I could probably put on a 15 minute show for an open-minded audience. This is something people often ask about when they like my recordings and/or see that I’m local-ish to them. But this isn’t something I have any real drive to do.
(I have performed before: way back in school and the Florida West Coast Youth Symphony, and in the modern era in a taiko drumming group. I left that group because it was a massive effort, fun but didn’t satisfy my creative needs.)
(…and perhaps someday I will perform on synths with the taiko group; I did a couple of remixes for their 2016 album and we’ve talked about making something work somehow. But that’s not “promotion”, that’s performance and riding on the coattails of an established group that has a fanbase and naturally attracts huge crowds because you can hear them a mile away.)
Making videos also doesn’t interest me. My music paints mental pictures; it sets scenes even if it doesn’t tell a story. I don’t need or want to associate that with a movie of a bunch of knobs and wires and my hands. I also am not interested in spending my time assembling and editing video – though I suppose collaborating with someone who enjoys that could be interesting.
Video seems to be how people get their stuff in front of people. I posted my 260 or so recordings from 2017 on YouTube with a still image logo – and it gained me about ten subscribers. Not really worth the effort of uploading stuff there.
I’m not sure where I could even put any promotional effort that would be worthwhile. Getting on a netlabel, maybe?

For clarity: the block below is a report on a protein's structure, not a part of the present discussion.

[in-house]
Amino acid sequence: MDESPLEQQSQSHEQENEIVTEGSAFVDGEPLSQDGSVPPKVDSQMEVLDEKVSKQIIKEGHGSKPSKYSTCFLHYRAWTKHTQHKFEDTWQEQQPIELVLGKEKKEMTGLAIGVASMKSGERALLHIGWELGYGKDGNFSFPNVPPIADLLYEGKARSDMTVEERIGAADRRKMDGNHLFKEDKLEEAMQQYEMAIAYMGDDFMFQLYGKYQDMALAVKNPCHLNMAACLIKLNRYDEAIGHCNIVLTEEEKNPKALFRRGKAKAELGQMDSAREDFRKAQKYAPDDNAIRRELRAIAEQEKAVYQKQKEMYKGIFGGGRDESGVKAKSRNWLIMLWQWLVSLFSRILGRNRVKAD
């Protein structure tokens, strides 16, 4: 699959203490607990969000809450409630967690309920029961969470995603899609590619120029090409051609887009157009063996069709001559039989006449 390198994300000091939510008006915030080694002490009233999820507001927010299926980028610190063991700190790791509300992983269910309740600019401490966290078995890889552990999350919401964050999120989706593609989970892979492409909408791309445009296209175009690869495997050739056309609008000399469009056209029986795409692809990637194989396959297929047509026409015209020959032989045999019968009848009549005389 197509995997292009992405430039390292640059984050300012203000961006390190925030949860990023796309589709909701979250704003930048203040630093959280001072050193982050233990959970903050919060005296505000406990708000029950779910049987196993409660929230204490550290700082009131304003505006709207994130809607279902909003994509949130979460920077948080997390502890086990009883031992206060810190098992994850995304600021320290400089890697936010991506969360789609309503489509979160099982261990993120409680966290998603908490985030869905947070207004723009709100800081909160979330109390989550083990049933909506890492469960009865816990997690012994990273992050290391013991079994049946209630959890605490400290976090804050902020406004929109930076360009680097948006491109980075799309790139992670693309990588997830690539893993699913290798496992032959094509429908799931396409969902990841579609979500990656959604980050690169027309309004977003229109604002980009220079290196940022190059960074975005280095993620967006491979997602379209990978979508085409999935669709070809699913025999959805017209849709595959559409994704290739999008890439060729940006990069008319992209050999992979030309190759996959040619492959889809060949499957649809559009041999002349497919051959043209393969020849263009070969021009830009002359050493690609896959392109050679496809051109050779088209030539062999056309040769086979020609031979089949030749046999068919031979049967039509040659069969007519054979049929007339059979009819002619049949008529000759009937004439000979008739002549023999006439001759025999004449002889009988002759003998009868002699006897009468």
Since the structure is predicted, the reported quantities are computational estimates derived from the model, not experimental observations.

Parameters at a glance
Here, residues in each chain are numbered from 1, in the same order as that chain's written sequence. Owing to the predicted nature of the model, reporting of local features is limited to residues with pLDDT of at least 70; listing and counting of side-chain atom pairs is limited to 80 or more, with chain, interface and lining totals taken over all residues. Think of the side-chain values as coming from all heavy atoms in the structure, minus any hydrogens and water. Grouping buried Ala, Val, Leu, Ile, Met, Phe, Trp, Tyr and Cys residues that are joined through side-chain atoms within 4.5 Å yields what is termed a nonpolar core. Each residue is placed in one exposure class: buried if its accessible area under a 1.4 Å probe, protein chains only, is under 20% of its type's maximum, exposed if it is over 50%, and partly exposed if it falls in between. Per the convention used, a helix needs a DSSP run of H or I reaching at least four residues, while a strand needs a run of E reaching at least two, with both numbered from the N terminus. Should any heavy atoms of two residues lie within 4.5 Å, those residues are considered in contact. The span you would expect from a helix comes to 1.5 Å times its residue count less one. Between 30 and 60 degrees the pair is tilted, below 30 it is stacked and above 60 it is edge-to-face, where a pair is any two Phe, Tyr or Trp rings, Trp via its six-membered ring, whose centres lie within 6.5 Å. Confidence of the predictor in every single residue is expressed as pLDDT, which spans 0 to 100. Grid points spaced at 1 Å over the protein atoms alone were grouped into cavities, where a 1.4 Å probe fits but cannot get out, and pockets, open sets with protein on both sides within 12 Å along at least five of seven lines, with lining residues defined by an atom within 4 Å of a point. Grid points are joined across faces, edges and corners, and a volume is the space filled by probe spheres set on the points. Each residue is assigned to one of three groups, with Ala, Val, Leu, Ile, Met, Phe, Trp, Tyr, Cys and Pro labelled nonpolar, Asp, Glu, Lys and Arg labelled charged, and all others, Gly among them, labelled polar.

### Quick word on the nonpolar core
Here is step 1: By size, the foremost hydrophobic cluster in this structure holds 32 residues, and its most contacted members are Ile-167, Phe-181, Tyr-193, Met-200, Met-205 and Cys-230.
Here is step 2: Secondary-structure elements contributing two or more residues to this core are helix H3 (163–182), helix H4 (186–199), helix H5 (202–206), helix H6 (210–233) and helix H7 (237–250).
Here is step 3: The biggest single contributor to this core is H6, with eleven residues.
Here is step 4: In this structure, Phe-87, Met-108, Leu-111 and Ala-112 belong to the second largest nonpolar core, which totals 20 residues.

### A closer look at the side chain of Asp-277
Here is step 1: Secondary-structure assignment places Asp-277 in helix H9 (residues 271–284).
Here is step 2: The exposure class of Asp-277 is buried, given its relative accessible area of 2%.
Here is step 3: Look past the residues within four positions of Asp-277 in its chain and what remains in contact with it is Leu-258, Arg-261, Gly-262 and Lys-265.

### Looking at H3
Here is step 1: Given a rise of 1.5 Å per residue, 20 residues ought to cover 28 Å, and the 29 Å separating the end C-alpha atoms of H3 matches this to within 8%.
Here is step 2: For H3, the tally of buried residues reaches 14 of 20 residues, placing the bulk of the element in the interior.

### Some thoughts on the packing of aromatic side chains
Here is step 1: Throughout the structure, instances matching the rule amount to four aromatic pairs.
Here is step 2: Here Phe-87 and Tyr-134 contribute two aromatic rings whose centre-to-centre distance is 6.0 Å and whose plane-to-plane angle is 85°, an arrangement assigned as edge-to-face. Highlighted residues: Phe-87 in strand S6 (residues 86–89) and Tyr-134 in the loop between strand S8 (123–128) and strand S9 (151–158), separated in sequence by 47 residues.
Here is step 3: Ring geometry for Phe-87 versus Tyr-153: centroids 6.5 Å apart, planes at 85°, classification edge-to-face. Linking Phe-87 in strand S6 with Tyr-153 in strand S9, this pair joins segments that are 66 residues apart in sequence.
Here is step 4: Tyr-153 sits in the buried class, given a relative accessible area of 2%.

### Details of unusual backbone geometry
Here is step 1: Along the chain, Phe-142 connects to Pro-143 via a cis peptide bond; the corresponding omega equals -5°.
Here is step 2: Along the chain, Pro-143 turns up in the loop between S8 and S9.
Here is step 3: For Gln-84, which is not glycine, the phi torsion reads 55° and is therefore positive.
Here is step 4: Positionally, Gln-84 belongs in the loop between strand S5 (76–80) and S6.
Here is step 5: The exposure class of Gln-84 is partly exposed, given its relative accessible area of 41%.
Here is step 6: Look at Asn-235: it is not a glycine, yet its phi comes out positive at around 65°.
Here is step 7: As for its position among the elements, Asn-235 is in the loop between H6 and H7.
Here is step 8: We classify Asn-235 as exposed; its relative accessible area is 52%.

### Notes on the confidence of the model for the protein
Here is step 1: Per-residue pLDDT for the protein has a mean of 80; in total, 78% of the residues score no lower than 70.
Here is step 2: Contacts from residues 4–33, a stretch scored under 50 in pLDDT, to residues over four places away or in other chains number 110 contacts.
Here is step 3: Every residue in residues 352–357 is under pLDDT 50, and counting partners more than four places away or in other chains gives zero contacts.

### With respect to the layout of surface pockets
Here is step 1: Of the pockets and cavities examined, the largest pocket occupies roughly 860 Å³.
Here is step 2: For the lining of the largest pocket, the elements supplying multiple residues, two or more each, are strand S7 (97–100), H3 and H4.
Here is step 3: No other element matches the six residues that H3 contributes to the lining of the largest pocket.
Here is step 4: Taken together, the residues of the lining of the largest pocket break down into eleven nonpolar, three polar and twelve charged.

I think all previous posts cover all aspects but what comes in my mind after twenty odd years in the music business is that there’s as many ways of “promotion” as there’s styles of music. If you create music for your self, then keep it for yourself, but if you make music or art for other reasons, then share it with others - but sharing with others doesn’t have to imply that you hire a PR-agency that will send out a press release to a 1000 different music outlets hoping for a response. It could be you making a few days of research and then personally contacting writers, listeners, other musicians and artists, institutions, labels, venues, promoters or post on a very open minded and friendly internet forum. This could be; sharing your music, invite for collaborations, ask for feedback but not necessary with a real intention of getting “something” back. I think “promotion” has sadly been overshadowed by it’s aggressive post-capitalist “marketing” sibling, while it for us artists maybe should be named something simple as “sharing”. I think “marketing promotion” is something shortsighted, within an album campaign for example, while “sharing” (which of course also could be to press) is a more humble way of presenting your art.
[If you’re a full blown narcissist who simple does it for the sake of likes, plays, streams and clicks - then hire a PR-agent.] This a little exaggerated of course, to make a point.
I think a lot of the sentiment of your post I agree with, but framing it as ‘a win’ is totally antithetical to the spirit of art (in my opinion naturally). One of the reasons art appeals to me is that it’s about expression without winning and losing.
What I love about your post is that it’s about sharing gratitude for opportunities to share art.
Maybe bit unrelated, but wondering how y’all feel about your own tracks?
I remember Tim Hecker saying in an interview that he can’t even listen to his own tracks because they sounds so bad (while obviously they sound really neat to me)
So I was curious if anyone else shares the same thoughts here
Generally: I am not that fond of most of my pre-“Starthief” material (2002-2016) with some exceptions. Even the songs I know some people like.
My exploration phase 2016-2017 was mixed, but that’s as expected.
What I’ve released this year, I am happy with. I hope and expect that I’ll still be happy with it 10 years from now.
Fair enough. I see opportunities to share art as a win. And a win for everyone.
But, yeah. It’s not about defeating other artists. I want them to win, too.
It’s like seeing old photos of yourself. If you look good it’s fine, but if you have a bad haircut or you’re looking a little chubby then no thank you.